Devin N. Morris: Assemblage Poetics
I first encountered Devin N. Morris’s work in 2019 as part of Soft Scrub, a group exhibition at The Luminary in St. Louis. The exhibition explored the nuance of Black domesticity through the Black male perspective. Immediately upon entering the gallery, I was drawn to the far right, where a carefully considered set of repurposed doors, windows, gates, and fences formed the exterior ruins of a home. Within the faux walls, chairs of varying sizes rested on carpet squares and freshly bloomed white lilies sat atop a worn copy of Richard Avedon and James Baldwin’s 1964 collaboration Nothing Personal.
Melancholy weighed heavily here: a window is shattered but covered by a small black curtain; in time, the lilies will die; the chairs, empty and facing each other, declare the absence of a family and echo an argument unseen. An elaborate, poetic tableau of reframed domestic materials, Then I Strained to Hear You Above the Noise Out There (2019), engaged many processes and themes that are still central to Morris’s practice today.
Rather than simply consigning collage to a medium, Morris utilizes it as a guiding concept in his practice. His installations, paintings, and works on paper feature found objects metamorphosed in context. When removed from its hinges and thrown to the street, a door loses its intended function. However, brought into the studio, worked on in fabric or paint, and juxtaposed against other objects, the door is given a new life while still signifying its past. Leaving his work vulnerable to the free association of viewers, Morris rearticulates quotidian life in the United States through poignant terms of affect and wonder, freeing his figures and scenes of the limitations imposed by popular readings of identity.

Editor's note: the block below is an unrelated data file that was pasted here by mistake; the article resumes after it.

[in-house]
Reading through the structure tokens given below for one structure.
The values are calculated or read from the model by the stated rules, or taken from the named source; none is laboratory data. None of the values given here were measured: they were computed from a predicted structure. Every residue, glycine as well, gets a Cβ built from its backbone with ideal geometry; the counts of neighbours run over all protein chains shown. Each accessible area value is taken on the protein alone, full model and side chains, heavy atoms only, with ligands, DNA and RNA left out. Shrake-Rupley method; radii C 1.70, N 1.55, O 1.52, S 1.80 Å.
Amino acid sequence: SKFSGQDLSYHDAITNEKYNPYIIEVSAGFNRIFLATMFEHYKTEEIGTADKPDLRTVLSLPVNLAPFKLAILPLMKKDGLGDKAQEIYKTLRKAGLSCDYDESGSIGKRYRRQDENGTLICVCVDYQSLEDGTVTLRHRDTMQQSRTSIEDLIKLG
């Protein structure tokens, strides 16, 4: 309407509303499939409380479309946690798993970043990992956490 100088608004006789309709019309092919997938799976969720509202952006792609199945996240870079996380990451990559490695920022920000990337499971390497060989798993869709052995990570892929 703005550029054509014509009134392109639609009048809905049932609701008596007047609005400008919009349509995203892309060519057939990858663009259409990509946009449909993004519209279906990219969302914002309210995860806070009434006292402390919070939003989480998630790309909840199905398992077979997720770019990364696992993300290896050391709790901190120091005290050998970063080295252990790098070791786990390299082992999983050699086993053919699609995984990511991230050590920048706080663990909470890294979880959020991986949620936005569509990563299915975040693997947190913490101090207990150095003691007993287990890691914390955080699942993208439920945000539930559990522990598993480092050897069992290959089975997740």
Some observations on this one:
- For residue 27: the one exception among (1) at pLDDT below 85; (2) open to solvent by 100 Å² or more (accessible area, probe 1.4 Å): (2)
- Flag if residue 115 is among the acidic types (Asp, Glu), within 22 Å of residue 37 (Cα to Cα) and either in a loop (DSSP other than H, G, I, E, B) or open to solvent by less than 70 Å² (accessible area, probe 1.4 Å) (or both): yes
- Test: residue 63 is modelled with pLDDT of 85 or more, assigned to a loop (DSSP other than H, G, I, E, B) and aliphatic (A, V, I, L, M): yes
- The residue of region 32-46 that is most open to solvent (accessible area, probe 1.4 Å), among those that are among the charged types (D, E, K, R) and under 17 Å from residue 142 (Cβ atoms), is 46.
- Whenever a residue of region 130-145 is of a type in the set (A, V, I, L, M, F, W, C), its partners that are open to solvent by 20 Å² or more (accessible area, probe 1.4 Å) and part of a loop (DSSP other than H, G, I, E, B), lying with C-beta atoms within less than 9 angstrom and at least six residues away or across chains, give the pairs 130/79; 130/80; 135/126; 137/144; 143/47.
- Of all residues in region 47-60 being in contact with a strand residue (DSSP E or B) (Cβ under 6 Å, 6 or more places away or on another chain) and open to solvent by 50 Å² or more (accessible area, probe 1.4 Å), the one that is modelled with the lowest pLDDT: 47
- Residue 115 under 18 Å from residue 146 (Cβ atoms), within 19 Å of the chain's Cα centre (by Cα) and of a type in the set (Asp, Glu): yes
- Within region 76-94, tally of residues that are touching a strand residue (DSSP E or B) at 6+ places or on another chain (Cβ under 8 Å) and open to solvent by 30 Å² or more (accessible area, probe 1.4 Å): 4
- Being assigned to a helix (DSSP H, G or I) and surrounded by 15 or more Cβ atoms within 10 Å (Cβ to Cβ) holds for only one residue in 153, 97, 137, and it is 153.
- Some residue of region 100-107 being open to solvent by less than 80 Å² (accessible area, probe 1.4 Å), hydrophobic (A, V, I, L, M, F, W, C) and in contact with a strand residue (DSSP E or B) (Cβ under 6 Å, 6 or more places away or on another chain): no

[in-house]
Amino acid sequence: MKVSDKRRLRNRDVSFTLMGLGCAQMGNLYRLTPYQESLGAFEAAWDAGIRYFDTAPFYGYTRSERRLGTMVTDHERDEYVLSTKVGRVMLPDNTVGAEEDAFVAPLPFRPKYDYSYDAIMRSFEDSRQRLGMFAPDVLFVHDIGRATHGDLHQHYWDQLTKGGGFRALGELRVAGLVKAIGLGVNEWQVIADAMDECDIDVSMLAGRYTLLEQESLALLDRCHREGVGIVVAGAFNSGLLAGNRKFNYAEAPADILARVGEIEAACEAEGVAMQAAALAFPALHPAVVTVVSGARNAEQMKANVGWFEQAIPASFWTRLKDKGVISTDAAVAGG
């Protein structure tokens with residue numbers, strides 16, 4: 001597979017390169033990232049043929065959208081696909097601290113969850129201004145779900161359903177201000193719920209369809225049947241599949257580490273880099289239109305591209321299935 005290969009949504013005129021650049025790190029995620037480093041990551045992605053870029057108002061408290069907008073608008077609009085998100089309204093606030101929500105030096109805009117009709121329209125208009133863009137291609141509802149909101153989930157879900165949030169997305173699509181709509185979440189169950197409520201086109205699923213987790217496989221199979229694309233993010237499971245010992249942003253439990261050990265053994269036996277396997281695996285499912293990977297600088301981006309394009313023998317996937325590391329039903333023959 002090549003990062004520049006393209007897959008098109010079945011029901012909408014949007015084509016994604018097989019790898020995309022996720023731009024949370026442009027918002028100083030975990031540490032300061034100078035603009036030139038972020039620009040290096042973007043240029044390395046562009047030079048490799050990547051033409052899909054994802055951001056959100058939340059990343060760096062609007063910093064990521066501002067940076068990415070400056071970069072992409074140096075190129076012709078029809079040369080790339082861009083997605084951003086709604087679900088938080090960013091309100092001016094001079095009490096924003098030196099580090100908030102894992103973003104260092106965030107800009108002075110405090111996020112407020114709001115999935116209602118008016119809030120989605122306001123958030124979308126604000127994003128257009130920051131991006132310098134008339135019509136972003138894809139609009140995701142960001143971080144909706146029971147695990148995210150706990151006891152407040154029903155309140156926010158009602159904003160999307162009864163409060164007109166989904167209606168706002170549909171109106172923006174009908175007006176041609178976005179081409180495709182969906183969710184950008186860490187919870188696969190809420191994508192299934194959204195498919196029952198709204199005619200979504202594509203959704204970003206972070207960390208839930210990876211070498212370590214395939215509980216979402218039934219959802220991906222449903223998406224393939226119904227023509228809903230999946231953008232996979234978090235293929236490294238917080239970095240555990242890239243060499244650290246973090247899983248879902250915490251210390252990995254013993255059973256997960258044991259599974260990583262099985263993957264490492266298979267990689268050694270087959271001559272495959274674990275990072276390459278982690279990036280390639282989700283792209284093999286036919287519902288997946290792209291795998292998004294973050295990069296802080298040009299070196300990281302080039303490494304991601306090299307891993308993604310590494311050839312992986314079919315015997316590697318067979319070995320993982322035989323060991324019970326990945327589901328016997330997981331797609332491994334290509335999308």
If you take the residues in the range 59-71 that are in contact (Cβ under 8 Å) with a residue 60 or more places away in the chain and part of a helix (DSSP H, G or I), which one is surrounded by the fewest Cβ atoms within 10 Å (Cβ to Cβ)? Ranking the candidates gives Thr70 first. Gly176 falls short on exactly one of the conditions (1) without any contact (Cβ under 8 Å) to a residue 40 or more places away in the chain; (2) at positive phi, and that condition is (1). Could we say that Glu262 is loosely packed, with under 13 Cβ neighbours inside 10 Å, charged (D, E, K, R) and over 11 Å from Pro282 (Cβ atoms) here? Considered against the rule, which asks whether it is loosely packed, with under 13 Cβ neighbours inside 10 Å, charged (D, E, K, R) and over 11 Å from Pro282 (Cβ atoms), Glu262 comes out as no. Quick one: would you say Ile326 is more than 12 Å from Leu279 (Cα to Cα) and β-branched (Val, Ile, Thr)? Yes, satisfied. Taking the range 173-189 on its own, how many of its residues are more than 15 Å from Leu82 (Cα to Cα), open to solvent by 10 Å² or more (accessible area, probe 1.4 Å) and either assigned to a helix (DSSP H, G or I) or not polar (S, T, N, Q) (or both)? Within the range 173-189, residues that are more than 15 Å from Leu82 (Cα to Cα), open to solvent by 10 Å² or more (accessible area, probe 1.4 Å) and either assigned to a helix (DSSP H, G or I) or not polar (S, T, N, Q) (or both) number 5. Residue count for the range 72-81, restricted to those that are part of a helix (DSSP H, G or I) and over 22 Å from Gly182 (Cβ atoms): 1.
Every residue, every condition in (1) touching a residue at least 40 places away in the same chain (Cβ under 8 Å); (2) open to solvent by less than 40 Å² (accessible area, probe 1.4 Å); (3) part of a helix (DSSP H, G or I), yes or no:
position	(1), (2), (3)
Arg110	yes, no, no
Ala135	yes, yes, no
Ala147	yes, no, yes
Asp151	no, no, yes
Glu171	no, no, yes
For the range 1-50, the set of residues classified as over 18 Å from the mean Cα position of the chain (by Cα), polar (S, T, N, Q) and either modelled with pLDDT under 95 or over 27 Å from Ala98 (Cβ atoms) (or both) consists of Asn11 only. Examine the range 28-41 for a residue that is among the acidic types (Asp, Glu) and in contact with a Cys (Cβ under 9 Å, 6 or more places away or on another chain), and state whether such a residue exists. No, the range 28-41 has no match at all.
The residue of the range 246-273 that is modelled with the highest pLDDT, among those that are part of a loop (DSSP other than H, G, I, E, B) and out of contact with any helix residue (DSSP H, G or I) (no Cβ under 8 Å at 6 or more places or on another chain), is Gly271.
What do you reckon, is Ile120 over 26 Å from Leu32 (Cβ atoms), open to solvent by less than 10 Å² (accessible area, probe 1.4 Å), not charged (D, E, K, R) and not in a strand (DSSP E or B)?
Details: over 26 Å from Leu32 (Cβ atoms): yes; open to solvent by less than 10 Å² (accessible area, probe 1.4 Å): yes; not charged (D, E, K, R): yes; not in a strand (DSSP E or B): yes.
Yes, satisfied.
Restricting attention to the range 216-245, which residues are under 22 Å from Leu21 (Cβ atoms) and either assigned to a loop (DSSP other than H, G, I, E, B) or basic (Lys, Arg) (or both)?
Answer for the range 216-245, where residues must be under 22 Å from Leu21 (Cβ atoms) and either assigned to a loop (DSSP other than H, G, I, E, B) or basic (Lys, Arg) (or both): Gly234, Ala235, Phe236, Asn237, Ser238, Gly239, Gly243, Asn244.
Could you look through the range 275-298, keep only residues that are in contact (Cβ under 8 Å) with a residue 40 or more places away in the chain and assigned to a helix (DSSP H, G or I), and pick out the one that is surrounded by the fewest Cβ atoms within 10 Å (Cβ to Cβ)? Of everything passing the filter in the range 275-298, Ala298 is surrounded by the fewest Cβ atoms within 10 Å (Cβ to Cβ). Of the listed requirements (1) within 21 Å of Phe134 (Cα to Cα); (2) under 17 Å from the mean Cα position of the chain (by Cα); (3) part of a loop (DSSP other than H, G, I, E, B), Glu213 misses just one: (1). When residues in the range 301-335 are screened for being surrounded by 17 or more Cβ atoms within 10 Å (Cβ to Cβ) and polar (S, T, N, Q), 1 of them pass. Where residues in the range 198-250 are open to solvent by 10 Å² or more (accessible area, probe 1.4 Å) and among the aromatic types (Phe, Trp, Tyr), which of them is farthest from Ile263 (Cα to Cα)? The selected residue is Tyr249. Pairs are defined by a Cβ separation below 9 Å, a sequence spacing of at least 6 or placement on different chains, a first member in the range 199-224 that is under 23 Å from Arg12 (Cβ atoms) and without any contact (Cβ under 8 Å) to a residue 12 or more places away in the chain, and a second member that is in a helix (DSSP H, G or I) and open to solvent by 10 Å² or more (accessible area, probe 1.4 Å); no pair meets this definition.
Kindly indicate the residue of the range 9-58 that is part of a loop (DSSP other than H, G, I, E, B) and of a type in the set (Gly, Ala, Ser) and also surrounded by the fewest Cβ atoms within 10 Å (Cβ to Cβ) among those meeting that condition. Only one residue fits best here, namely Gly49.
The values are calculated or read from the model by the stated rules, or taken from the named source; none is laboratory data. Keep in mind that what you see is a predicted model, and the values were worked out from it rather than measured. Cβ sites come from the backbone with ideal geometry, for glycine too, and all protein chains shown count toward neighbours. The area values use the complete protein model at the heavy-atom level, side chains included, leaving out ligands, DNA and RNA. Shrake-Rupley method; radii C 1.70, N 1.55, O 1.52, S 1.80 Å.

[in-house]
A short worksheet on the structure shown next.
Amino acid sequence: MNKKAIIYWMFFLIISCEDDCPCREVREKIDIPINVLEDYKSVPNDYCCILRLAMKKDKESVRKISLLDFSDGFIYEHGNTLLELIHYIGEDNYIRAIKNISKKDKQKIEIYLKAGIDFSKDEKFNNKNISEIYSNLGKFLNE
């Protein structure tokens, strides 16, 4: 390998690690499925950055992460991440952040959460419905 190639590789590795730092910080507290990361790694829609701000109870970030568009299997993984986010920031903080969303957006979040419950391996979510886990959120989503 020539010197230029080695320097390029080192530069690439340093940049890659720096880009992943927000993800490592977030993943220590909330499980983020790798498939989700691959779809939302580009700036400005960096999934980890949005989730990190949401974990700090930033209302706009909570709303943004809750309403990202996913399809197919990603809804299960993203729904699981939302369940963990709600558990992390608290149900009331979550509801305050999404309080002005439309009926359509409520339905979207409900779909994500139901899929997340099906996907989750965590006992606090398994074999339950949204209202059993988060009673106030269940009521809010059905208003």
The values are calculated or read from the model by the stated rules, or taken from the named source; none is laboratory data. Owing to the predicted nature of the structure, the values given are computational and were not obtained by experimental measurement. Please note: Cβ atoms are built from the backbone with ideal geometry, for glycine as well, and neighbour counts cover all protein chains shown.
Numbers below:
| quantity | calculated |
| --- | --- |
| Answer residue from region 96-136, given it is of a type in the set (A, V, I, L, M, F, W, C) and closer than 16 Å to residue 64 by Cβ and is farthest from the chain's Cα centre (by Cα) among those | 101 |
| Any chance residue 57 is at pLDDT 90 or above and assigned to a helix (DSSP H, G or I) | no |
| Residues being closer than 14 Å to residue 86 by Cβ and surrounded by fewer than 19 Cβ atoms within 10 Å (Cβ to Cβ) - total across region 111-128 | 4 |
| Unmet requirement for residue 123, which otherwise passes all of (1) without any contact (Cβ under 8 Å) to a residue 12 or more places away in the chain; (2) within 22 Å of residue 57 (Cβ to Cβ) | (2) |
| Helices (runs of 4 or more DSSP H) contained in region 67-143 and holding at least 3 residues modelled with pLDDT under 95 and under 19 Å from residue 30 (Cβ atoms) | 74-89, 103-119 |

Morris was born in Edmondson Village, a predominantly Black neighborhood in Baltimore, Maryland. He grew up voraciously reading the novels of E. Lynn Harris. Depicting the lives of down-low, closeted Black men, Harris’s books introduced Morris to the lived experiences of queer people in large metropolitan areas. While attending Baltimore Polytechnic Institute, he fell in love with the nineteenth-century realism of Edith Wharton, the fast-paced thrillers of James Patterson, and the incisive wit of Truman Capote. In his early adult years, Morris developed a sensitivity to craft and writing through his work as a journalist and fashion enthusiast. With a desire to cultivate community, he began hosting a series of salons and dinner gatherings called “Social Sundays.” A diverse creative cohort of artists, writers, actors, mixologists, and others coalesced to discuss relevant social issues.